HOME to Pandora's Box, the old continent of Europe has seen that box open in recent years to release new waves of racism, xenophobia, and nationalism.
What a growing number of leaders, intellectuals, and citizens are wondering is how or if Europe can defy the legend, push back the plagues, and shut the box tight.
Since the Berlin Wall fell in 1989 and created a wider and profoundly unsettled Europe, multilateral organizations for human rights and high-level meetings dedicated to cooperation have multiplied in response to what Europeans call their ``demons.'' But signs of intolerance - from skinheads in Germany to antiforeigner laws in France and inter-ethnic warfare in ex-Yugoslavia - have only worsened.
``We must ask ourselves why Europe has such difficulty establishing the very values it promotes as its own,'' says Catherine Lalumiere, secretary-general of the 32-nation Council of Europe. ``It's as if we on this old continent are still convulsed by the question, `Who am I?,' and it's corollary, `Who are you?' ''
Mindful of where unbridled racism and nationalism led Europe in the not-so-distant past, the Council of Europe on March 3-4 held a conference as the debut of a three-year action plan to engage governments, public-service organizations, schools, and private citizens in the fight against intolerance.
The conference was organized with the help of the American Jewish Committee. As AJC representatives at the Strasbourg conference poignantly noted, several of their members are former Europeans who fled their old home when it fell prey to the sirens of Nazism.
Participants from Russia to Spain heard that the causes of Europe's retreat into intolerance range from deteriorating economies and the incomplete march of some East European countries from empire to nationhood, to the inability of governments to foresee the continent's upheaval.
As for solutions, a profound disappointment in Europe's governments - especially their failure to stop the war in ex-Yugoslavia - left many participants concluding that it is primarily up to individuals to make a difference. And that, they said, highlights a need for better education and opportunities for youths to begin to know those they consider ``others.''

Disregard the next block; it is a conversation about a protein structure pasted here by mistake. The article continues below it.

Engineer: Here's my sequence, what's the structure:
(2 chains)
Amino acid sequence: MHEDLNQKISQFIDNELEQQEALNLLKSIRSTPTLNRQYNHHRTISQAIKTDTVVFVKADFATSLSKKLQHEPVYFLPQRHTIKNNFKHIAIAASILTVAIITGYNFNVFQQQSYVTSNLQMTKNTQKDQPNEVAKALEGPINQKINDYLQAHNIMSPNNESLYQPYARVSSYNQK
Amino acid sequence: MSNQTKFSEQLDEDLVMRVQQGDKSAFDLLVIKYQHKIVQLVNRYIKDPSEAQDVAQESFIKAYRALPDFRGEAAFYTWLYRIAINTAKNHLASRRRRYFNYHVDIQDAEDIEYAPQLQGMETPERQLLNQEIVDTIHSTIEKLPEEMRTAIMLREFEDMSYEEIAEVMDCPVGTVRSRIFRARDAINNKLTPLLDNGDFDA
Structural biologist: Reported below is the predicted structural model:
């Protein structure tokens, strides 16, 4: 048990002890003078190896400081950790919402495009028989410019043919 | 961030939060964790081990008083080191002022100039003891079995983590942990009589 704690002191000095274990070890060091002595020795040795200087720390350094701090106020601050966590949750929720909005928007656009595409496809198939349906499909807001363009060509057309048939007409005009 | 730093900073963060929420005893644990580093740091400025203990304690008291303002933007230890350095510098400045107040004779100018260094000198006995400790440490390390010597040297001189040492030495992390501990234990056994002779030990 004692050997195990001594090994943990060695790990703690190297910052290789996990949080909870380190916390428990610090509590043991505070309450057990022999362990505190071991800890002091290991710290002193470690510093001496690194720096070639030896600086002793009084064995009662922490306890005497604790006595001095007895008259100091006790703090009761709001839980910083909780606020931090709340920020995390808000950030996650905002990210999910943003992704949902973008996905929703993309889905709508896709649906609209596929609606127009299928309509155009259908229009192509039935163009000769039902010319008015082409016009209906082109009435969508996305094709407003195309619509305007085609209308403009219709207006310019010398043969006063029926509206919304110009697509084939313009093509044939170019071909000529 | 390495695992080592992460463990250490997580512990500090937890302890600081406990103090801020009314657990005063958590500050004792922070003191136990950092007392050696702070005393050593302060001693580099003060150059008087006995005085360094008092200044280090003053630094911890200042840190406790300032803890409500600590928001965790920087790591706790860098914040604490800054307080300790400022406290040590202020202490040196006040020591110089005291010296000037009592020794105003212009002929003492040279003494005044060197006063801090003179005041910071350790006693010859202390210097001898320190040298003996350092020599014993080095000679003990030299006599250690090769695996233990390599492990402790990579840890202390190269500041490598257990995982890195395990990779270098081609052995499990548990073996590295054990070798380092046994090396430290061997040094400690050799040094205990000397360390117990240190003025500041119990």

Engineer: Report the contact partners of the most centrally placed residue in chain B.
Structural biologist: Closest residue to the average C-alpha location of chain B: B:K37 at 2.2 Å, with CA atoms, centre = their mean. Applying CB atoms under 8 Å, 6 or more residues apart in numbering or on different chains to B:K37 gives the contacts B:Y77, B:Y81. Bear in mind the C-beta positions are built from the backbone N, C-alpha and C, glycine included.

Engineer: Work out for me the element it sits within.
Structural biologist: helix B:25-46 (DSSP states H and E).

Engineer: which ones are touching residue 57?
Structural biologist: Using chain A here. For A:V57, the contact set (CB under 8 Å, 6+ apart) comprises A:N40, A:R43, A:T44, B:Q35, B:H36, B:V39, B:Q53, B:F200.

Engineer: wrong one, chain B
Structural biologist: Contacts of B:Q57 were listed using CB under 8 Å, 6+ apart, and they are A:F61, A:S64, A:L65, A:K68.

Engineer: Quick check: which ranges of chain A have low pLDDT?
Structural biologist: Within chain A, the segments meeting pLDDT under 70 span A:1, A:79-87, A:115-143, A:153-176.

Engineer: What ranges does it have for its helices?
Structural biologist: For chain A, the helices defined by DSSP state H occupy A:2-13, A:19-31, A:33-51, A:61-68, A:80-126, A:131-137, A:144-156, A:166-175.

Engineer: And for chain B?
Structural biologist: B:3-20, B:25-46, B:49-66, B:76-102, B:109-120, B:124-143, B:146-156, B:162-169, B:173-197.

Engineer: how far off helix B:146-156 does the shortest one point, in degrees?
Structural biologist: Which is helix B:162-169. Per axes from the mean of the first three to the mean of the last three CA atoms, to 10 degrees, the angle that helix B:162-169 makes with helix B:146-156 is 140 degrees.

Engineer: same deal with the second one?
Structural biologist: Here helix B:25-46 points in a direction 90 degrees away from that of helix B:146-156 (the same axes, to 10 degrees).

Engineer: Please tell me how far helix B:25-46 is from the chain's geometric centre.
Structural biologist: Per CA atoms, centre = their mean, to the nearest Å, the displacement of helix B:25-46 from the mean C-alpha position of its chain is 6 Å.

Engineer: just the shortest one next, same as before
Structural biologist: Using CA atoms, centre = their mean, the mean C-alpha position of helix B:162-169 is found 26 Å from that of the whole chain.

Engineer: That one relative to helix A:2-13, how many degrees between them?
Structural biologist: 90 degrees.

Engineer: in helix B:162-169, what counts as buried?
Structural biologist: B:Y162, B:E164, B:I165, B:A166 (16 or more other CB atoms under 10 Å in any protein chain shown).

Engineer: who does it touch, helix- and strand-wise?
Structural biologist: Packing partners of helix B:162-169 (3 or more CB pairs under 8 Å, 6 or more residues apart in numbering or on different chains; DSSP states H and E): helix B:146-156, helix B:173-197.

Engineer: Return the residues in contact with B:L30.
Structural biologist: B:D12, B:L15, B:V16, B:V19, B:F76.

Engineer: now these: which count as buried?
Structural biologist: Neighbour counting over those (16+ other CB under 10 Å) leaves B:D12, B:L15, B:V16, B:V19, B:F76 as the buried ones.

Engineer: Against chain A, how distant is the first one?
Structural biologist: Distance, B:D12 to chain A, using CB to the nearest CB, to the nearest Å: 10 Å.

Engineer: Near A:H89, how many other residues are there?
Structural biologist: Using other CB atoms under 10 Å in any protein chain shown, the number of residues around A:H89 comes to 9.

As more than one conference participant noted wryly, the changes Europe has experienced since 1989 - something Europe had been seeking for four decades - came at a difficult time for Western Europe.
``1989 is perceived as a victory for democracy and the market economy, but [it took place] when these notions were ... already destabilized,'' says Nelly Hansson, a French historian. That political and economic ``destabilization'' added to fears in the West, disappointment in the East, and growing mistrust of any people representing a newly opening Europe, she adds.
Some participants noted that politicians and analysts in the West tend to emphasize East Europe when offering examples of the continent's mounting nationalism and xenophobia. But they added that the challenges, while often different, are just as pronounced in the West.
Western Europe's 12 members of the European Union counted some 7 million votes for ``parties with fascist tendencies'' in the last European Parliament elections in 1989, according to Simon Rahamin of Searchlight, an anti-fascist magazine in London. And the Netherlands, considered a haven of tolerance, was stunned by March 2 elections in Rotterdam where xenophobic and neo-Nazi parties gained 14 percent.
West European governments were faulted at the conference for falling prey to xenophobic tendencies and failing to provide the moral leadership necessary to build a tolerant Europe.
``[Our governments] are unable to back up the principles that we ourselves have decided,'' said Michel Foucher, director of the European Geopolitical Observatory in Lyon, France. Government leaders proclaimed ``with much fanfare [their] refusal of any displacement of borders by force, but that is a principle that for Europe is about to die in Bosnia.''
In the search for solutions, participants said government had to play a central role - in proposing and enforcing hate crime laws, for example. But given the disappointments in government, people are looking elsewhere for answers - including to education.
Since 1989, many Eastern European countries face the need to rewrite history textbooks - and thus to choose what history to teach. Educators are working to encourage cross-border research and writing teams to ``sweep the debris of hate'' from textbooks, according to Mr. Foucher.
But some said the solution likely remained with individuals to make the task of developing a tolerant Europe their own. ``I have to wonder if the only solution isn't individual courage,'' said Petr Janyska, a journalist for Prague's Lidove Noviny, who told a story of three simple Czech women who stood down a group of neo-Nazis accosting Vietnamese immigrants in his city.
But that left some in a quandary: How does society develop such values as character and honor, asked Jacek Wozniakowski, head of Krakow's Center for International Culture, when to so many, those ideas and such ``Christian values'' as loving your neighbor seem anachronistic?
Noting that the conference took place as Steven Spielberg's ``Schindler's List'' opened across Europe, Wolfgang Nowak, culture minister of the east German state of Saxony, cited the movie as ``proof that one cannot say that the individual can do nothing.'' Adding that he is making sure students in his area see the film, he said, ``I don't think those youths ... will go out to throw Molotov cocktails at immigrants.''